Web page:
Rating agencies play chicken against US economy
By refusing to allow their ratings to be used in bond registration statements, the rating agencies are threatening a still-fragile asset-backed securities market.
You can file this one under D for Despicable.
Apparently, Moodys, Fitch and S&P aren't quite satisfied with having batted cleanup for the 2002-2007 Economic Wrecking Crew All-Stars. In a move straight out of a student sit-in protest, the three ratings agency stooges will now be wreaking havoc in the still-fragile $1.4 trillion asset-backed securities market by refusing to do their jobs.
This went on during my recent absence from blogging, but WSJ (via Coyote Blog) has the scoop:
Ford Motor Co.’s financing arm pulled plans to issue new debt, the first casualty of a bond market thrown into turmoil by the financial overhaul signed into law Wednesday.
Market participants said the auto maker pulled a recent deal, backed by packages of auto loans, because it was unable to use credit ratings in its offering documents, a legal requirement for such sales. The company declined to comment.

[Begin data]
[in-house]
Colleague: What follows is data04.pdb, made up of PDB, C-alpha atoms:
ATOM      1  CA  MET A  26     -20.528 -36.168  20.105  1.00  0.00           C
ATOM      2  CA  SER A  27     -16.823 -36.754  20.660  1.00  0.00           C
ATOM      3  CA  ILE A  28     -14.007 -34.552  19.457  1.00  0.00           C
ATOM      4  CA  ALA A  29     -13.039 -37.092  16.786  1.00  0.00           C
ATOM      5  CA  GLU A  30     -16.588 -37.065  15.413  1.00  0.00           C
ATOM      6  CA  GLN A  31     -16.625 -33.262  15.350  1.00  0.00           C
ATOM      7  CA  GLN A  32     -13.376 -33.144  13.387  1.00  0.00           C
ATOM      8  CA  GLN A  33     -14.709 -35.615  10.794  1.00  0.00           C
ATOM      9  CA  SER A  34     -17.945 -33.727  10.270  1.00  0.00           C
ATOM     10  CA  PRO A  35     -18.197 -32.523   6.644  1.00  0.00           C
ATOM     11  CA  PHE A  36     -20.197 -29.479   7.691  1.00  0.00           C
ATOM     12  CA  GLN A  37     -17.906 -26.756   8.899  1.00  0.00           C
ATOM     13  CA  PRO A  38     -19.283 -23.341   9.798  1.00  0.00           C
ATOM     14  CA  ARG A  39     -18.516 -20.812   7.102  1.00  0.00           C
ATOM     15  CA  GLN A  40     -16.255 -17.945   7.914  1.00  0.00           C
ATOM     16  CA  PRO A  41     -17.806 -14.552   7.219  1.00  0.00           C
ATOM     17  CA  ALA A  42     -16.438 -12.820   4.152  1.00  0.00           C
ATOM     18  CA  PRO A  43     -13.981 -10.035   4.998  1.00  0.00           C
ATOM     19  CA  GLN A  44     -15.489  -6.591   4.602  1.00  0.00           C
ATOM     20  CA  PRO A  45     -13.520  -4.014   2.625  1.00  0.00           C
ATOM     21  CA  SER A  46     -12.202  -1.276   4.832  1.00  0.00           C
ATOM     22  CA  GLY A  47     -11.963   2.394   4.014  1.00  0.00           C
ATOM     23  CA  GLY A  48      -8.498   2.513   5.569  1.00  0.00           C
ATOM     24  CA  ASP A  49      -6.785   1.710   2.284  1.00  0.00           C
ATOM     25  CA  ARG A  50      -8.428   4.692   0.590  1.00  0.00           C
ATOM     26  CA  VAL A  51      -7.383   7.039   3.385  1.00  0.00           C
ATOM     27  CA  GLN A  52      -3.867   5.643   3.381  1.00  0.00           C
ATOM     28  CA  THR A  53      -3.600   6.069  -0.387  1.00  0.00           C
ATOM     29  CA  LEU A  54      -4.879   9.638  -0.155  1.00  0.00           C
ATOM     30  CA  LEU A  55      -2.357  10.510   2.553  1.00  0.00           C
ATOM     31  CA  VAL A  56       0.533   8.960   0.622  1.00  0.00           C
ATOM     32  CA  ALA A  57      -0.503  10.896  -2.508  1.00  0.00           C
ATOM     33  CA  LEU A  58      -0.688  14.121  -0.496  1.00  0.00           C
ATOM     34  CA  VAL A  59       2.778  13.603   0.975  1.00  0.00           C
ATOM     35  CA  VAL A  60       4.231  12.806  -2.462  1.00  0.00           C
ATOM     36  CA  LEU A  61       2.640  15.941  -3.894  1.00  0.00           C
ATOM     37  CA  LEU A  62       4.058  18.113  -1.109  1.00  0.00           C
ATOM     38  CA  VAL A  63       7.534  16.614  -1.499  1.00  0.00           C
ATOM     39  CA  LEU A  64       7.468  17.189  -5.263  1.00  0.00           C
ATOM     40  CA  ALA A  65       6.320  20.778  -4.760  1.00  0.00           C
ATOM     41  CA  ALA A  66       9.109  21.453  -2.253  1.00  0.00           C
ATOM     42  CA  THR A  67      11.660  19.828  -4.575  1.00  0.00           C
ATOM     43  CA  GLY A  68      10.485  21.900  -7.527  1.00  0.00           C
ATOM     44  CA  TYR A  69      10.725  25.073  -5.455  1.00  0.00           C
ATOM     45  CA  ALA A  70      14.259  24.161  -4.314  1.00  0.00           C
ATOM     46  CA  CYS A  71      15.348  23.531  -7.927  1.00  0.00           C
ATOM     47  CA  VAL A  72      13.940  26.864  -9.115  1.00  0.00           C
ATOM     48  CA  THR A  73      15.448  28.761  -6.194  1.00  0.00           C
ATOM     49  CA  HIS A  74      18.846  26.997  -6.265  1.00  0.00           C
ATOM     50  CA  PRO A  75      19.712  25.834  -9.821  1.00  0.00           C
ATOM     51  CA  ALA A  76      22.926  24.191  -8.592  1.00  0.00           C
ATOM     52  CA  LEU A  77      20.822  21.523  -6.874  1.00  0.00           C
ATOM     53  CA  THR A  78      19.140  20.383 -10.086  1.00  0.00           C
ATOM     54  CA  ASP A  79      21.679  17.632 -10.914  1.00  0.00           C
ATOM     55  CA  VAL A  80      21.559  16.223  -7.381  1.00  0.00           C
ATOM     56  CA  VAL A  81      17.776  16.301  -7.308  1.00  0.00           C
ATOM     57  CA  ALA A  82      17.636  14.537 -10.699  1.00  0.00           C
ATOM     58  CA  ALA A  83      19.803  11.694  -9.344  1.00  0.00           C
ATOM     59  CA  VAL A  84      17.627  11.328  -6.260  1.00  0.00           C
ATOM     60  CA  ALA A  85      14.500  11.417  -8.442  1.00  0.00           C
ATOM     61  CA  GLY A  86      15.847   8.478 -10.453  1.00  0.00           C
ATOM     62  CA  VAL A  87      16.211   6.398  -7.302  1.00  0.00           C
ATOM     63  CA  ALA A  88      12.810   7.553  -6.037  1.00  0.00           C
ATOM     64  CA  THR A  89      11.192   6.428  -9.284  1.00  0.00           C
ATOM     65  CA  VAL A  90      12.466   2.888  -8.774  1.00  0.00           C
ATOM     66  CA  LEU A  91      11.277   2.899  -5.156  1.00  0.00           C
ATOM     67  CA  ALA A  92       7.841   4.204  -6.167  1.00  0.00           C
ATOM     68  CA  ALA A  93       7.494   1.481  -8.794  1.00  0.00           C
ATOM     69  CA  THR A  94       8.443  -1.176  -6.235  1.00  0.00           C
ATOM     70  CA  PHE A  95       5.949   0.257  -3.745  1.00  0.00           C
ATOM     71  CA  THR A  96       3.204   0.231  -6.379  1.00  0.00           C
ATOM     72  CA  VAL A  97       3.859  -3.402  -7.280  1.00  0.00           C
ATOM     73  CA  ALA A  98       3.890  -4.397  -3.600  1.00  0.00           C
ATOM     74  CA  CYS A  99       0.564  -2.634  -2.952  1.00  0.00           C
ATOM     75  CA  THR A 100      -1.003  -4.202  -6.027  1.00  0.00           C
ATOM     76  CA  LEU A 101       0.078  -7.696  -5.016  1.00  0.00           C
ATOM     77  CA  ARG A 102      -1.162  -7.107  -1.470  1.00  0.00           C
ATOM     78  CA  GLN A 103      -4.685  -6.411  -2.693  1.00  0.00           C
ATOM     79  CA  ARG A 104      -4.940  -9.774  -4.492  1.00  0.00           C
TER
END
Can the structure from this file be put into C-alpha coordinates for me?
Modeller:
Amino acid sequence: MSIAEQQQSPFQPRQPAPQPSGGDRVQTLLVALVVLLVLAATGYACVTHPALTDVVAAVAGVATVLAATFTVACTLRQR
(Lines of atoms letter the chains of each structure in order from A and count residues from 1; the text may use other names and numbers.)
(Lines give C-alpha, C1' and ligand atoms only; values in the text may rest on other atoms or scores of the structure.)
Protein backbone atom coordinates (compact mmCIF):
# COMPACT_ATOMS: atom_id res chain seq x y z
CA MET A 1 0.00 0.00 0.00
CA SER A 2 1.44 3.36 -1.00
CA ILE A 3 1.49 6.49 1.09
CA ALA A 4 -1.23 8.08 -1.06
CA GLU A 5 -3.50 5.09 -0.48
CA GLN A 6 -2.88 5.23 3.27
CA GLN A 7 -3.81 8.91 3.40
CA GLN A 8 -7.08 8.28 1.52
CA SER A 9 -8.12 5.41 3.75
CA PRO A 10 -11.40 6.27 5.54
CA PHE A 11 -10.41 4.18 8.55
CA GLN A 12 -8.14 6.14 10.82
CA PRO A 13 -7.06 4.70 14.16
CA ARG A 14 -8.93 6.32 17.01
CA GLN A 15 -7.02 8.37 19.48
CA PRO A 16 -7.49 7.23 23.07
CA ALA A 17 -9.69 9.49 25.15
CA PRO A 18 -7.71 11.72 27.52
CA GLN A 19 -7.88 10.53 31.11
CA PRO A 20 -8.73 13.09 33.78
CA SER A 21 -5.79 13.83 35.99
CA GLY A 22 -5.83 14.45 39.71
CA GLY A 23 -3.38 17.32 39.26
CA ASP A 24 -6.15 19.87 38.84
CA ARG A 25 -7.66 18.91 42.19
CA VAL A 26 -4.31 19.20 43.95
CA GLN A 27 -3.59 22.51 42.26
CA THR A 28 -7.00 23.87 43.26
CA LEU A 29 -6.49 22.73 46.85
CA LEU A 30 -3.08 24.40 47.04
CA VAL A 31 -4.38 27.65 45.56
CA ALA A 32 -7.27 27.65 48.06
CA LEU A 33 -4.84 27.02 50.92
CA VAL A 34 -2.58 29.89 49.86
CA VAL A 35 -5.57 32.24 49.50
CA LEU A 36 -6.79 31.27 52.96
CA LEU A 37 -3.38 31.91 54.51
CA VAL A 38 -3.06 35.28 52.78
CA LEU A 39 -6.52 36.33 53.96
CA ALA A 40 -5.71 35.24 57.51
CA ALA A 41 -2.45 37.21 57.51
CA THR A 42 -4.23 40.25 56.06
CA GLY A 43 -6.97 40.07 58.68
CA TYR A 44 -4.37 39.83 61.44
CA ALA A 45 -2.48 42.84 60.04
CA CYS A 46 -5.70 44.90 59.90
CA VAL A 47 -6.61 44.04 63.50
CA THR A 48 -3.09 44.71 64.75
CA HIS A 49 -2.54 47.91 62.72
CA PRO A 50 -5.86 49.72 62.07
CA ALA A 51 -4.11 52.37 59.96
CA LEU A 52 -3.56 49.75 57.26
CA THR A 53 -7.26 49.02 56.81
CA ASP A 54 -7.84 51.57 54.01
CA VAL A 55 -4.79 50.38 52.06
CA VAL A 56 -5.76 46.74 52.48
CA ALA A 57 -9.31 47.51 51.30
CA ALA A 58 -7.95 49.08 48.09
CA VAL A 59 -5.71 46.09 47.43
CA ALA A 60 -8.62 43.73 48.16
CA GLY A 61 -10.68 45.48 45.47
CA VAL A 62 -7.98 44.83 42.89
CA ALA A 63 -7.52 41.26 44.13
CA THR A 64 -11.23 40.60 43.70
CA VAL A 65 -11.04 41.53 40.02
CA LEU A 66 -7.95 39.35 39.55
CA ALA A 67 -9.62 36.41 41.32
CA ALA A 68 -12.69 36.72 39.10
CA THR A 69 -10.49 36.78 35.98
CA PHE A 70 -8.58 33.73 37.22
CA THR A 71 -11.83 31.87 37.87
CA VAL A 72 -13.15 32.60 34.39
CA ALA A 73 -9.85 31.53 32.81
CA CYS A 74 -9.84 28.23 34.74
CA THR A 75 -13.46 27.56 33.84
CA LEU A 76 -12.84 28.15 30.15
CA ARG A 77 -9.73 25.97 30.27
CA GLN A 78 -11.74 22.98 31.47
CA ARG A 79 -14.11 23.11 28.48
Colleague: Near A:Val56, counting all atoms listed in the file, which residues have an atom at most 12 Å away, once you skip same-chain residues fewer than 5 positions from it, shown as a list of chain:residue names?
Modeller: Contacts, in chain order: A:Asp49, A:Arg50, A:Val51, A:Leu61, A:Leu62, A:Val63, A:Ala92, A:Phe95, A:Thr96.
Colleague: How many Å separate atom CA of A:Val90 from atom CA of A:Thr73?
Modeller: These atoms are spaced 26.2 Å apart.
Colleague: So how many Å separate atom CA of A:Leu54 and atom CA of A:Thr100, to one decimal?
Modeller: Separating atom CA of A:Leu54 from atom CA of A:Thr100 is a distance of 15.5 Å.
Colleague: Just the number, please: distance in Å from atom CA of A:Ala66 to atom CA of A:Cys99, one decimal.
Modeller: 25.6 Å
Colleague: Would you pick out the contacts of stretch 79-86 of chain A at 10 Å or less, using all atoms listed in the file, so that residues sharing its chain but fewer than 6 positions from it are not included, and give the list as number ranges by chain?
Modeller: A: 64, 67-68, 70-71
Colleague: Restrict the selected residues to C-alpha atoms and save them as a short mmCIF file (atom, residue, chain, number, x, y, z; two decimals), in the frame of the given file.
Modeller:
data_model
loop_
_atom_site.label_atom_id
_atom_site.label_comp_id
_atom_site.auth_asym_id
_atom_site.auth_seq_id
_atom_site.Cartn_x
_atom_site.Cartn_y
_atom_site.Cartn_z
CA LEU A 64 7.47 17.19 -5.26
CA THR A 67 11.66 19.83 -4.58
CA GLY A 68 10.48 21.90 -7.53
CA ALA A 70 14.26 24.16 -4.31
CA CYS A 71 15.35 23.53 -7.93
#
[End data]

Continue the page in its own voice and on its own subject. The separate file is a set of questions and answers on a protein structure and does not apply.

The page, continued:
The nation’s dominant ratings firms have in recent days refused to allow their ratings to be used in bond registration statements. The firms, including Moody’s Investors Service, Standard & Poor’s and Fitch Ratings, fear they will be exposed to new liability created by the Dodd-Frank law.
Let me put this in schoolyard terms: The ratings agencies are playing chicken against the US economy. The message is to insulate them from responsibility or else they're taking their marbles and going home. And then you'll be sorry!
Isn't that nice? Regulation and the professional cowardice of hapless analysts working together to crush whatever's left of American Capitalism.
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